China, in comic strip, warns of ‘overseas’ threats to its rare earths

By Liz Lee

BEIJING (Reuters) – China’s chief intelligence agency posted on social media a comic strip featuring foreign-looking characters secretly extracting rare earths, in a story portraying the country’s strategic metals under threat from covetous “overseas organisations”.

The comic strip, published on Sunday on the State Security Ministry’s official WeChat account, showed security officers uncovering “suspicious” exploration and mapping activities by a group of people supposedly doing survey work for real estate development.

No foreign government or agencies were named in the comic strip, and the ministry did not specify any measures to counter foreign “interest” in China’s rare earths.

The ministry could not be reached for further comment.

China, the world’s largest producer of rare earths accounting for nearly 90% of global refined output, last year introduced restrictions on exports of the elements germanium and gallium, used widely in the chip-making sector, citing the need to protect national security and interests.

It also banned the export of technology to make rare earth magnets, in addition a ban on technology to extract and separate rare earths.

The restrictions have fanned fears that the supply of rare earths might ignite tensions with the West, particularly the United States, which accuses China of using economic coercion to influence other countries. Beijing denies the claim.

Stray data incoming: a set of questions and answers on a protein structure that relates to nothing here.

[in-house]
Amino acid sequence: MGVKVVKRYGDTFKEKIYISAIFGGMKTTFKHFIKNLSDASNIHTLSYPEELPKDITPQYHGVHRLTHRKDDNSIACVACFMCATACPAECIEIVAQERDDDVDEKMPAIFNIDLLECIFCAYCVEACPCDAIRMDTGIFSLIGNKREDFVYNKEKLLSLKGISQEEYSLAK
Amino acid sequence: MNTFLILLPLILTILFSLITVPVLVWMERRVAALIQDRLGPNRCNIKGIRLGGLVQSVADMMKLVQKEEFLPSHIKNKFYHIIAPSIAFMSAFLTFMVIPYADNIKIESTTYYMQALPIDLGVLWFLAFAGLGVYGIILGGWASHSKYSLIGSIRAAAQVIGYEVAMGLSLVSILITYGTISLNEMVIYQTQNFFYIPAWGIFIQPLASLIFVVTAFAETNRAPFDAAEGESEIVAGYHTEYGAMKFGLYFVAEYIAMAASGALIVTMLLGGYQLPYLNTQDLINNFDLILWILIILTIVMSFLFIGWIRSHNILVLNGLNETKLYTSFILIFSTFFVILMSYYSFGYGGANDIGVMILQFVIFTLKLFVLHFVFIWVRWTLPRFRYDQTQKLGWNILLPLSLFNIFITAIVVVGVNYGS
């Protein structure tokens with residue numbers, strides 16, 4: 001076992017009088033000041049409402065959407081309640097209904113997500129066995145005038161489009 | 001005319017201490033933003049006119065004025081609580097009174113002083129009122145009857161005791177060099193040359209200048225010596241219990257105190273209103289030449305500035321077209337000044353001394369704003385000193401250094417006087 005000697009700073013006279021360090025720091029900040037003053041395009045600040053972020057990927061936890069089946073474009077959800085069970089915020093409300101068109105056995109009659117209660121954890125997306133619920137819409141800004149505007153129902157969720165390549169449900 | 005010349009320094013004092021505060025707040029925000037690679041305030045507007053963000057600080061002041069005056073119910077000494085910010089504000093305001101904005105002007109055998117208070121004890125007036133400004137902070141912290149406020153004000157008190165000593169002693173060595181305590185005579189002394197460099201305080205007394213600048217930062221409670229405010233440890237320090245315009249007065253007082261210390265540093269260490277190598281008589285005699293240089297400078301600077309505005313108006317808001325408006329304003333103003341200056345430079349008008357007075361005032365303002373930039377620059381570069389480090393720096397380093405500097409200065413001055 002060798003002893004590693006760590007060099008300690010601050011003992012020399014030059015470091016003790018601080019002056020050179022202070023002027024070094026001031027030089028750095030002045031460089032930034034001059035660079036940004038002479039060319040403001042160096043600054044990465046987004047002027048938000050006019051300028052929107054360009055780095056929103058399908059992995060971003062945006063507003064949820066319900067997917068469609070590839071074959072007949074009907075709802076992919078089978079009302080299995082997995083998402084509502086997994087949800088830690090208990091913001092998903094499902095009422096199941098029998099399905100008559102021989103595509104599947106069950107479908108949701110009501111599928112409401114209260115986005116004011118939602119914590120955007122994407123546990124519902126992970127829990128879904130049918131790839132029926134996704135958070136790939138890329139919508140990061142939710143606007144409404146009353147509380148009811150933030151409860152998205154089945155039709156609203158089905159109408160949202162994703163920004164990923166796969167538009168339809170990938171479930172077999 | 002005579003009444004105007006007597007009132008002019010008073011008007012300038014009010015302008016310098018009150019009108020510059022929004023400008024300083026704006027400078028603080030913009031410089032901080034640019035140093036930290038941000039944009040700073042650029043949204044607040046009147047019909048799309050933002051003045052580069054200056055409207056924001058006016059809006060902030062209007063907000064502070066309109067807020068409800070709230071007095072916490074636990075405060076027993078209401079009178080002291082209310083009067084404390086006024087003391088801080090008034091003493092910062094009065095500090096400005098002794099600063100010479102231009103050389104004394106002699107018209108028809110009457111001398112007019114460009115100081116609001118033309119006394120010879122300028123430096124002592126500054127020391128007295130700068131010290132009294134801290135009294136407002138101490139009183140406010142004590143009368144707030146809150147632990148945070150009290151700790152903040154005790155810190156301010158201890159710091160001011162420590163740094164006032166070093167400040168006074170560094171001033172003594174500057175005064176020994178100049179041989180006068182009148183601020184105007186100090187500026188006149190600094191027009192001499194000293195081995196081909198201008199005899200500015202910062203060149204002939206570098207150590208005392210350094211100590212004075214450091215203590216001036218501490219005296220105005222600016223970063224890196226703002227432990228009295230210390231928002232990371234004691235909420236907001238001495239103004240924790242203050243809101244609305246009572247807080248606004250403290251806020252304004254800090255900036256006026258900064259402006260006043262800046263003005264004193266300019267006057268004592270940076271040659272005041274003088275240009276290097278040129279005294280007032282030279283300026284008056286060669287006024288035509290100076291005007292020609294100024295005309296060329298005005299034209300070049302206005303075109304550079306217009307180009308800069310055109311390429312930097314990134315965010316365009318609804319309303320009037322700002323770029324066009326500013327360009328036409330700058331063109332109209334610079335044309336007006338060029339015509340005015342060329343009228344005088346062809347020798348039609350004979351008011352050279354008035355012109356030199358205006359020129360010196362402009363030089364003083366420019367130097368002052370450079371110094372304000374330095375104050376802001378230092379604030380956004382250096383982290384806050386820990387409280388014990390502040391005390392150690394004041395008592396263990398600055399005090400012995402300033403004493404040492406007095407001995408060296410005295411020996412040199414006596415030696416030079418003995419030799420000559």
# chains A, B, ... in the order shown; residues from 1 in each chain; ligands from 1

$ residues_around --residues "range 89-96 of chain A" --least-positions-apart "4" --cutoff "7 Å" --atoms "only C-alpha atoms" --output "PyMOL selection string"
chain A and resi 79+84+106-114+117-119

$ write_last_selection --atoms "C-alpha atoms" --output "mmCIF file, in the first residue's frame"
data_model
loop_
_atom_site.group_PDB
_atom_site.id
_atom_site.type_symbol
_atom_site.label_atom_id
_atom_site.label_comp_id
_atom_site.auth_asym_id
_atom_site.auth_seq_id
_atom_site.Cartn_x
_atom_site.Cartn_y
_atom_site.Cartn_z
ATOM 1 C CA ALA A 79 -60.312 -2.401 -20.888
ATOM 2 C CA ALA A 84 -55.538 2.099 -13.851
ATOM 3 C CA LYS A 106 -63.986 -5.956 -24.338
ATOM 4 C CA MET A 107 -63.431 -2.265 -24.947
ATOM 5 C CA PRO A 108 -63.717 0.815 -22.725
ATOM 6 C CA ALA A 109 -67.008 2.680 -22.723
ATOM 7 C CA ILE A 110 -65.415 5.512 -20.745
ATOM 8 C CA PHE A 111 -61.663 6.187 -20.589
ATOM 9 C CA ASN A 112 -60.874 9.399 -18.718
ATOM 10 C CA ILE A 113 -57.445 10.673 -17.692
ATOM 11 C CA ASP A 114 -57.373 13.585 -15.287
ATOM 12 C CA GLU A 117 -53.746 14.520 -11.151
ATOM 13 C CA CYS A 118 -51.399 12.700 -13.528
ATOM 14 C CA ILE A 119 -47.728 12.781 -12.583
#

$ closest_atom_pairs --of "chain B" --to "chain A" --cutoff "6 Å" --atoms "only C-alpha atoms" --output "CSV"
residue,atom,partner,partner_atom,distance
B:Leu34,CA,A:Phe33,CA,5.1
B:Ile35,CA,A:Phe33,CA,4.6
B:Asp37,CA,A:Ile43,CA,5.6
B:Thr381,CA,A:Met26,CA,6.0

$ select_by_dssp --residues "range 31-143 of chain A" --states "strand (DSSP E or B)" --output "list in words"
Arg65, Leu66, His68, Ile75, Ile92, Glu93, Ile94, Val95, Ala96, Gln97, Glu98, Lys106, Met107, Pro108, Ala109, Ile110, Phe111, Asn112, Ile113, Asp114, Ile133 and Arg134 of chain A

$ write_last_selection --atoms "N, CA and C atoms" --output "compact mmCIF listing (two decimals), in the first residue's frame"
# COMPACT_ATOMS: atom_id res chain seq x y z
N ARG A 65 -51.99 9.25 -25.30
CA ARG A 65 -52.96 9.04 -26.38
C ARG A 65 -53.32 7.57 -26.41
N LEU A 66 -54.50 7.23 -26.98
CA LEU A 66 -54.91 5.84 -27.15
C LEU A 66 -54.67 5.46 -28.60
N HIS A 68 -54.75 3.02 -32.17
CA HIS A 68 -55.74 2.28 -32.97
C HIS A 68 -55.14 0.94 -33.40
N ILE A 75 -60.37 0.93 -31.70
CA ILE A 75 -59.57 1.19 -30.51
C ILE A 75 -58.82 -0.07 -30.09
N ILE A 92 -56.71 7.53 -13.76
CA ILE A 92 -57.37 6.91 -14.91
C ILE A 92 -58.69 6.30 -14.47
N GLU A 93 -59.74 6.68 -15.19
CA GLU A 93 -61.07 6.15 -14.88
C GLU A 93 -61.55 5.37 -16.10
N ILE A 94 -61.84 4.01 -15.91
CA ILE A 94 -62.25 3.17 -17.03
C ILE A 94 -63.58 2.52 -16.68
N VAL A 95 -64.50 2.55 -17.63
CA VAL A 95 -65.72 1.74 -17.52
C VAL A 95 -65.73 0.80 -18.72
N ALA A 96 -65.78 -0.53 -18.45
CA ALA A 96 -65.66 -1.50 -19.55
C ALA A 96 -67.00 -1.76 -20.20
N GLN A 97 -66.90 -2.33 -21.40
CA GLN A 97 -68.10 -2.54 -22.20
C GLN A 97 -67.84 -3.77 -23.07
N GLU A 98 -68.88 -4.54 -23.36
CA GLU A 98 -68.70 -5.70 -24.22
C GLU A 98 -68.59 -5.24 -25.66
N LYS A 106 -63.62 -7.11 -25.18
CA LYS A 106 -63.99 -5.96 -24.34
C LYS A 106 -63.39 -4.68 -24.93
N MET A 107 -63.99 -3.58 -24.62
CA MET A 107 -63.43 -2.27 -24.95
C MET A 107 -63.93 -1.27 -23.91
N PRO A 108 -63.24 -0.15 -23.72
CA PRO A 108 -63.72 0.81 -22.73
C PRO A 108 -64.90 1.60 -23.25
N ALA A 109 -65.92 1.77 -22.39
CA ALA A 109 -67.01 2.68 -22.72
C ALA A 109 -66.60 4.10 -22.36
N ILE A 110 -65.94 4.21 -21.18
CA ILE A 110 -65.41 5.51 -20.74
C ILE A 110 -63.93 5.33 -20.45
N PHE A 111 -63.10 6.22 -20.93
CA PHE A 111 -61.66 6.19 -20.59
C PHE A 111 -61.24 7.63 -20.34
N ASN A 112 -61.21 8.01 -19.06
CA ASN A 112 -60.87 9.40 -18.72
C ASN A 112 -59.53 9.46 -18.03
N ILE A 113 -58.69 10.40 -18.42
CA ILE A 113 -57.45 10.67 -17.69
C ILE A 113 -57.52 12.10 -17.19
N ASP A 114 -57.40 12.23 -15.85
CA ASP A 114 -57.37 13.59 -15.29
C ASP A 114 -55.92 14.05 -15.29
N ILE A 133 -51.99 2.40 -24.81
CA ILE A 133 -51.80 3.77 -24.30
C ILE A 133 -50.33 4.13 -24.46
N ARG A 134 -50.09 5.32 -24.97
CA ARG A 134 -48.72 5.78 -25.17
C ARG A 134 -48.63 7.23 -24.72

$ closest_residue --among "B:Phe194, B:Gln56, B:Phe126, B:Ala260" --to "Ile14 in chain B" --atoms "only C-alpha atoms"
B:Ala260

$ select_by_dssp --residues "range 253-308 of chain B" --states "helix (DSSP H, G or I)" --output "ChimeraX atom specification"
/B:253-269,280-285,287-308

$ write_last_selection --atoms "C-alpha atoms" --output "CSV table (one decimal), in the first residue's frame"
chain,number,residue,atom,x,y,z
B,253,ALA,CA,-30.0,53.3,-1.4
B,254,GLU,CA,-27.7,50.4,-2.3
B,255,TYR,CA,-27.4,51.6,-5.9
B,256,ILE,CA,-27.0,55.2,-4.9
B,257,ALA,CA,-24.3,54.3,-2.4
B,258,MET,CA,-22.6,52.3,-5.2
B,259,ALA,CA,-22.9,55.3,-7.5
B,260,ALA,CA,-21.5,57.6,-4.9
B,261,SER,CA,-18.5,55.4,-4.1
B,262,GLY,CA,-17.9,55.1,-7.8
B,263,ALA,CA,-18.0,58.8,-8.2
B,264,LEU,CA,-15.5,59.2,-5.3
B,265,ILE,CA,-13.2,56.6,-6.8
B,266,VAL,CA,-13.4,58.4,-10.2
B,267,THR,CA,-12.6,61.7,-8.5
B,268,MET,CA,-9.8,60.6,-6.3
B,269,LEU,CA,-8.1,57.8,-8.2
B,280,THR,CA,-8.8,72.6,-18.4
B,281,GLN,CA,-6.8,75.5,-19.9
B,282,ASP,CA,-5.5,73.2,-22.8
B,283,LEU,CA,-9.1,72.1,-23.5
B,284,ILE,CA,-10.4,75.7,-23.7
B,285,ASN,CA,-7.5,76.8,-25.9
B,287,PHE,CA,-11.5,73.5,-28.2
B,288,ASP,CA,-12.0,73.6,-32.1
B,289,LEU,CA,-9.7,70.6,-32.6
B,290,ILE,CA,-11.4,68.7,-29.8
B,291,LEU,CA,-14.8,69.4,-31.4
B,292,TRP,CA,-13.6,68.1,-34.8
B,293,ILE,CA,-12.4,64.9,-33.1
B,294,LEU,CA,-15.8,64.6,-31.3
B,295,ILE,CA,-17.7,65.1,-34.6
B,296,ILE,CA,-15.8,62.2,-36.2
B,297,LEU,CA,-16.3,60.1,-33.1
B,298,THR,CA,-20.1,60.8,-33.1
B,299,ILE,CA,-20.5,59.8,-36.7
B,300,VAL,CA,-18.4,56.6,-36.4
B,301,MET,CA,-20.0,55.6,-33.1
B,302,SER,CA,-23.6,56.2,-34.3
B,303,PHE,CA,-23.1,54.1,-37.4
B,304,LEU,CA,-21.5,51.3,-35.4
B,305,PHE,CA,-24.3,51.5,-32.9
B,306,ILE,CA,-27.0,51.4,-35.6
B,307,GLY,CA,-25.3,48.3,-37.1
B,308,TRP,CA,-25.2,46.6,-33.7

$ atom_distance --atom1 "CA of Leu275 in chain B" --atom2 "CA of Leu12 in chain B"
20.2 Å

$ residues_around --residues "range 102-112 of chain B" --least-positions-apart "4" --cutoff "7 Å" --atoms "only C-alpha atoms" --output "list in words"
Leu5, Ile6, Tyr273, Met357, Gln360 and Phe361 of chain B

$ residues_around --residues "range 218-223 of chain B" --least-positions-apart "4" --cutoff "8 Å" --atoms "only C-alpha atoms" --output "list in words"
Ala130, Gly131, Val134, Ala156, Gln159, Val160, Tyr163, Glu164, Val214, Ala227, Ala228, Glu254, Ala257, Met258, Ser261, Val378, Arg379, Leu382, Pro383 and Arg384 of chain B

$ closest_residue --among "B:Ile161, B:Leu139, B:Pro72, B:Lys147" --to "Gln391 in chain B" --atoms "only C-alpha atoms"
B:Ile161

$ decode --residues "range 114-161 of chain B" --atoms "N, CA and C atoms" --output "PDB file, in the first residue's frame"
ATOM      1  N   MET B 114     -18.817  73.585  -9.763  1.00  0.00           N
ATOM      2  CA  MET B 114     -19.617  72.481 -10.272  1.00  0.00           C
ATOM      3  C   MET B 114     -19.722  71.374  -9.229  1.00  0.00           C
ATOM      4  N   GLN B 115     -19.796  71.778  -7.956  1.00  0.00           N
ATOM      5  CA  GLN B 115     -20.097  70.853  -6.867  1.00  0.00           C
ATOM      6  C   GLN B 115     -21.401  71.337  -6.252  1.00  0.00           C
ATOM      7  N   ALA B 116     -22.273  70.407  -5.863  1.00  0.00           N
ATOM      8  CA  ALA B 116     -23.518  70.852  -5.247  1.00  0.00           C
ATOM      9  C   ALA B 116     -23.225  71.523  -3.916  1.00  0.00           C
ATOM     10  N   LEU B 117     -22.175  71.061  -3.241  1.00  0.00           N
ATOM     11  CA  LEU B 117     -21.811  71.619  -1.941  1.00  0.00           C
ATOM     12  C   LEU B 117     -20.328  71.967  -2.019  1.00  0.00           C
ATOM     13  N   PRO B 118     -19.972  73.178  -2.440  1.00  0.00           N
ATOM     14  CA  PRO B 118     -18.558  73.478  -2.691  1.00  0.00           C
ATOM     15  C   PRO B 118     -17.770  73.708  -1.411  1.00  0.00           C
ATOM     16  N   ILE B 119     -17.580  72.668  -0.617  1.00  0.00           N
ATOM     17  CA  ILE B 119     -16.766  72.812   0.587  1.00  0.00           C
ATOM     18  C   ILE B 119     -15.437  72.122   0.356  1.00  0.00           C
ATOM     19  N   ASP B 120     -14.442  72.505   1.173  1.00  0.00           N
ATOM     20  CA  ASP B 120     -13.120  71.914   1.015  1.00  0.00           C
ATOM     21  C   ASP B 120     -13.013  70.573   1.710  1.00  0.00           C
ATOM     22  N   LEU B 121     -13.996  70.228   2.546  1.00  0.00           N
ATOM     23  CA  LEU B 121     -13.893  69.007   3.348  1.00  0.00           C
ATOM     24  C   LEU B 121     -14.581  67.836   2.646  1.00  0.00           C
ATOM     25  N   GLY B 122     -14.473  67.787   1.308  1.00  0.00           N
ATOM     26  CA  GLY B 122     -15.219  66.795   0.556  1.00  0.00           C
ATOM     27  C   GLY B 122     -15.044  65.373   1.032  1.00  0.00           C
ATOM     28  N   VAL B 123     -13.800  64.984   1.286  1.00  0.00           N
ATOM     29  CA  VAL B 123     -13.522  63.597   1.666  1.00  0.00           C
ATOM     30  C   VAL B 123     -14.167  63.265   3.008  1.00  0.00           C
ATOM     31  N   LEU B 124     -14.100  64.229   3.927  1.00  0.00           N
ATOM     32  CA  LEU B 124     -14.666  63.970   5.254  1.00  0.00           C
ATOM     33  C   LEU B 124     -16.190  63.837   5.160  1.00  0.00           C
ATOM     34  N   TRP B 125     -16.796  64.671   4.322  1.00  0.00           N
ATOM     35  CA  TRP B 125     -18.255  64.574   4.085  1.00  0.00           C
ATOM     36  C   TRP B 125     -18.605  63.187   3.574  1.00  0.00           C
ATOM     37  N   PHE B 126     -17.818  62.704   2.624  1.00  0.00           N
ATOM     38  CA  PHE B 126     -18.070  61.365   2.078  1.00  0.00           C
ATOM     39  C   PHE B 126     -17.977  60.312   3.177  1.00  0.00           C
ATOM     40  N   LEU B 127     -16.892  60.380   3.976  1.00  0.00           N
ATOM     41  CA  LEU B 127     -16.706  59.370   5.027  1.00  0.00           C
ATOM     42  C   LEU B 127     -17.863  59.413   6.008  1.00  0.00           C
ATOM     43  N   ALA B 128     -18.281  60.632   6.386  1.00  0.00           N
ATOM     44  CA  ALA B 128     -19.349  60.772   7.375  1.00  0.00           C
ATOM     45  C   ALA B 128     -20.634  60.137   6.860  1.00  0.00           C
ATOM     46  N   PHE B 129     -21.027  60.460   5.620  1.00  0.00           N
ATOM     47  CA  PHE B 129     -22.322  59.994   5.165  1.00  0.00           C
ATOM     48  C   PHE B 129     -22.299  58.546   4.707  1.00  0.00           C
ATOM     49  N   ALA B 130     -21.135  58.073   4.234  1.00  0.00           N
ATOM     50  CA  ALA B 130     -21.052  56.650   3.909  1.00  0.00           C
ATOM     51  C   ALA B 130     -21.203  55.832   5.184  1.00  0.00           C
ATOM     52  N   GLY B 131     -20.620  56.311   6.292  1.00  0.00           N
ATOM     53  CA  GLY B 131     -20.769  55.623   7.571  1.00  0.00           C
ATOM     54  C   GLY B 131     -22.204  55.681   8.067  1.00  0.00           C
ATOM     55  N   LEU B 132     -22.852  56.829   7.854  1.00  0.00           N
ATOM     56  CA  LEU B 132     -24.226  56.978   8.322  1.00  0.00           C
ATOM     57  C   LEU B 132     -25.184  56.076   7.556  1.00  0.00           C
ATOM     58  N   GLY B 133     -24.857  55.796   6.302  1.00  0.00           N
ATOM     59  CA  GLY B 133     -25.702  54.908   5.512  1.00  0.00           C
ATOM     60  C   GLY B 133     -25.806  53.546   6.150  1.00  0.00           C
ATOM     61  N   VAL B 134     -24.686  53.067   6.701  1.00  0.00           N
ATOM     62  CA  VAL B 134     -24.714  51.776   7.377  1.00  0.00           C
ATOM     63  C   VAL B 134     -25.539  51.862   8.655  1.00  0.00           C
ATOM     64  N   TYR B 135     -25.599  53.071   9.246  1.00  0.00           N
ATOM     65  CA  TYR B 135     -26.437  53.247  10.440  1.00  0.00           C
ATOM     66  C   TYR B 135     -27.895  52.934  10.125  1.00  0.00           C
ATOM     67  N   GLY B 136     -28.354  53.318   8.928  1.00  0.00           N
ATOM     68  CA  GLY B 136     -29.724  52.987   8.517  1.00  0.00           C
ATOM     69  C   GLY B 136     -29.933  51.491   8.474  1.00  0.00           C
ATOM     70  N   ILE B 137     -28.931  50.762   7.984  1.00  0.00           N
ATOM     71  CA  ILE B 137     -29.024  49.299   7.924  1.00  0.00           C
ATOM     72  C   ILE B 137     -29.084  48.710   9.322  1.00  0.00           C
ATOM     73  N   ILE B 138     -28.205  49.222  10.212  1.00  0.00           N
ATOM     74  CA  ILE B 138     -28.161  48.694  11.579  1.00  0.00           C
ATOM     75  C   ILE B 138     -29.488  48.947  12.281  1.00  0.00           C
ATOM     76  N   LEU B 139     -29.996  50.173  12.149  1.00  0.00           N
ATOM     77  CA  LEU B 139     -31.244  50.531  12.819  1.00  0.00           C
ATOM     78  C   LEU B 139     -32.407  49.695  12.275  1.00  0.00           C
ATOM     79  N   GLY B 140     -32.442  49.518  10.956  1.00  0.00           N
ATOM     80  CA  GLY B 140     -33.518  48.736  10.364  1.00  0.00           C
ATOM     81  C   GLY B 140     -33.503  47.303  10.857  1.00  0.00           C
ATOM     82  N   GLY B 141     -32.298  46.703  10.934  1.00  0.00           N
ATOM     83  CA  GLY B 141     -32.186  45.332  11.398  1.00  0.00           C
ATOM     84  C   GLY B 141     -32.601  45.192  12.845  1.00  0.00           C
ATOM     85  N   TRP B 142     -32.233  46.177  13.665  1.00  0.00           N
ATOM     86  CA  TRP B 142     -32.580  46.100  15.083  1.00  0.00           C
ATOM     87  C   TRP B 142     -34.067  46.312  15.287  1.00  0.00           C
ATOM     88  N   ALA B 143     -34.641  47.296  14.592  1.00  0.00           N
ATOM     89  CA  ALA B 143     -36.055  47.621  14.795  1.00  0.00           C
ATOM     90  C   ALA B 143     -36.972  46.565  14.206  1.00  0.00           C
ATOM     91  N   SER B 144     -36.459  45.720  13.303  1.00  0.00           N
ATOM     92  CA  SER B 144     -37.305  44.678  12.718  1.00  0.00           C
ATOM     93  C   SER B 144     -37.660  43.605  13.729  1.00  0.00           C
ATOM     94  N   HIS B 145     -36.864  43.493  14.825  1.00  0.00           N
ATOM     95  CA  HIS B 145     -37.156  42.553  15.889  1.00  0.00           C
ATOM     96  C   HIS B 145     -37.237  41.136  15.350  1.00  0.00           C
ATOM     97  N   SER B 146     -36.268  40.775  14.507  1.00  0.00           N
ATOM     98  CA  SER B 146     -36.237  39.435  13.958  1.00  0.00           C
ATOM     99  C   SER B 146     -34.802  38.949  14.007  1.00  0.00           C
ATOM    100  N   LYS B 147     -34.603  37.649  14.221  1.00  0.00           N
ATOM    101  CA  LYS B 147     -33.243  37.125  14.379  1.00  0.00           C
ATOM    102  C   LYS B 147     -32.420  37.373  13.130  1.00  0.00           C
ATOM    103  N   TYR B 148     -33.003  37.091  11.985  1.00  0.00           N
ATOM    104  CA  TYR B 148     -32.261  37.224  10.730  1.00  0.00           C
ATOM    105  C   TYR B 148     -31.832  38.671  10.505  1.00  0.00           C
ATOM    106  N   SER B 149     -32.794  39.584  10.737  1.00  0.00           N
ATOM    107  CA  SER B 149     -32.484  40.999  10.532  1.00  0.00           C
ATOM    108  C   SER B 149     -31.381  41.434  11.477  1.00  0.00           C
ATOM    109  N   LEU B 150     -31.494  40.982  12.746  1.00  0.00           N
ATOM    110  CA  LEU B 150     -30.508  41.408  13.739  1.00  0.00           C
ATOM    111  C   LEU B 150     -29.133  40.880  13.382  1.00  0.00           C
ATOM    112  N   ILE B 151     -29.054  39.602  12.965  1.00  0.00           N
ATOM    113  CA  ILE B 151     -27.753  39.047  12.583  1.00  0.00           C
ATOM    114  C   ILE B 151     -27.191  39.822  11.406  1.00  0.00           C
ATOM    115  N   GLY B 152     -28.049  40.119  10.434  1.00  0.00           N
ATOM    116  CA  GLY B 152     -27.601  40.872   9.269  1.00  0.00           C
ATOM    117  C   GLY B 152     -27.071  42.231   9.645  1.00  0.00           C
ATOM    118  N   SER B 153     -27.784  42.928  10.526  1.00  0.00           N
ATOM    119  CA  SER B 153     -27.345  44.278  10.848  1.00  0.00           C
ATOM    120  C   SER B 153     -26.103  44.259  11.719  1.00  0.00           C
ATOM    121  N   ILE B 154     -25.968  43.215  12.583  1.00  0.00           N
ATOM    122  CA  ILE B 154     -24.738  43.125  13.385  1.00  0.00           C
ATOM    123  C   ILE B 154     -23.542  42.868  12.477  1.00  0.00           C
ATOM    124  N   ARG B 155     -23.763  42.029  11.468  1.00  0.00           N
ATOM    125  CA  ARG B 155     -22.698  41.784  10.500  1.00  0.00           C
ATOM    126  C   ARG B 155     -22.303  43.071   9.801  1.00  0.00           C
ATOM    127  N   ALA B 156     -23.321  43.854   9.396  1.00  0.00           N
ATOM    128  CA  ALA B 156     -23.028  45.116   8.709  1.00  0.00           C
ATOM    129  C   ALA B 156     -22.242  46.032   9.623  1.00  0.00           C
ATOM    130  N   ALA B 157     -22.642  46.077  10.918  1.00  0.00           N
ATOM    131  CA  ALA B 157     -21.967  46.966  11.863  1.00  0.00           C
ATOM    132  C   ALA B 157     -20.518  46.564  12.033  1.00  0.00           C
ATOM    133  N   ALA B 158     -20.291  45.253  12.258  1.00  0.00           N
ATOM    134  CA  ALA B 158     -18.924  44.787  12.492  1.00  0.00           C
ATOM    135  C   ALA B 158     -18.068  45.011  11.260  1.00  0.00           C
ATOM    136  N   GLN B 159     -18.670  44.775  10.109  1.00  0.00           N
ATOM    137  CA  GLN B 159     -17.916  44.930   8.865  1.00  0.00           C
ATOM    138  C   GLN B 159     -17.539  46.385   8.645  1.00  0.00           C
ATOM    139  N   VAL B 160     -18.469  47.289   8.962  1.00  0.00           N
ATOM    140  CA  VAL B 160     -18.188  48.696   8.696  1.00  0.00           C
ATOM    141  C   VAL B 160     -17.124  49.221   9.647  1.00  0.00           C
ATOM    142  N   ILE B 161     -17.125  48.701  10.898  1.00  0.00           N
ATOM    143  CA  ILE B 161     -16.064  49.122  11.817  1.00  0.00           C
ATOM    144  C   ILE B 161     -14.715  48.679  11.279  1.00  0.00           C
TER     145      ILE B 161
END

The United States has previously imposed restrictions on China’s access to advanced chips and chip-making tools that could fuel breakthroughs in artificial intelligence and sophisticated computers for its military.

Rare earths, used widely in lasers, military equipment and consumer electronics, have grown in demand along with the rapid development of new energy vehicles, wind power and inverter air conditioners.

“As technology grows in leaps and bounds, some primary minerals have become rare strategic resources,” a police character in the comic said.

“China boasts rich resources of these minerals. Overseas organisations have already had their eyes on them.”

Set in fictional Xishan Mining Area – described as an area rich in critical and scarce mineral deposits that could bring breakthroughs in super-semiconductor technology – the comic depicts two officers that were sent to the area undercover as lost hikers to gather information.

State-controlled Global Times described the comic as underscoring the importance of safeguarding key mineral resources as China-U.S. trade frictions and global geopolitical tensions have turned the global competition for rare earths into an issue of national security.

The newspaper said the United States, Japan and the European Union, among others, have for a long time “coveted China’s rare earth mineral resources”.

“They have even resorted to infiltration, bribery, and espionage to achieve their goals,” Global Times said, quoting Li Baiyang, an associate professor of intelligence studies at Nanjing University.

(Reporting by Liz Lee and Beijing newsroom; editing by Miral Fahmy)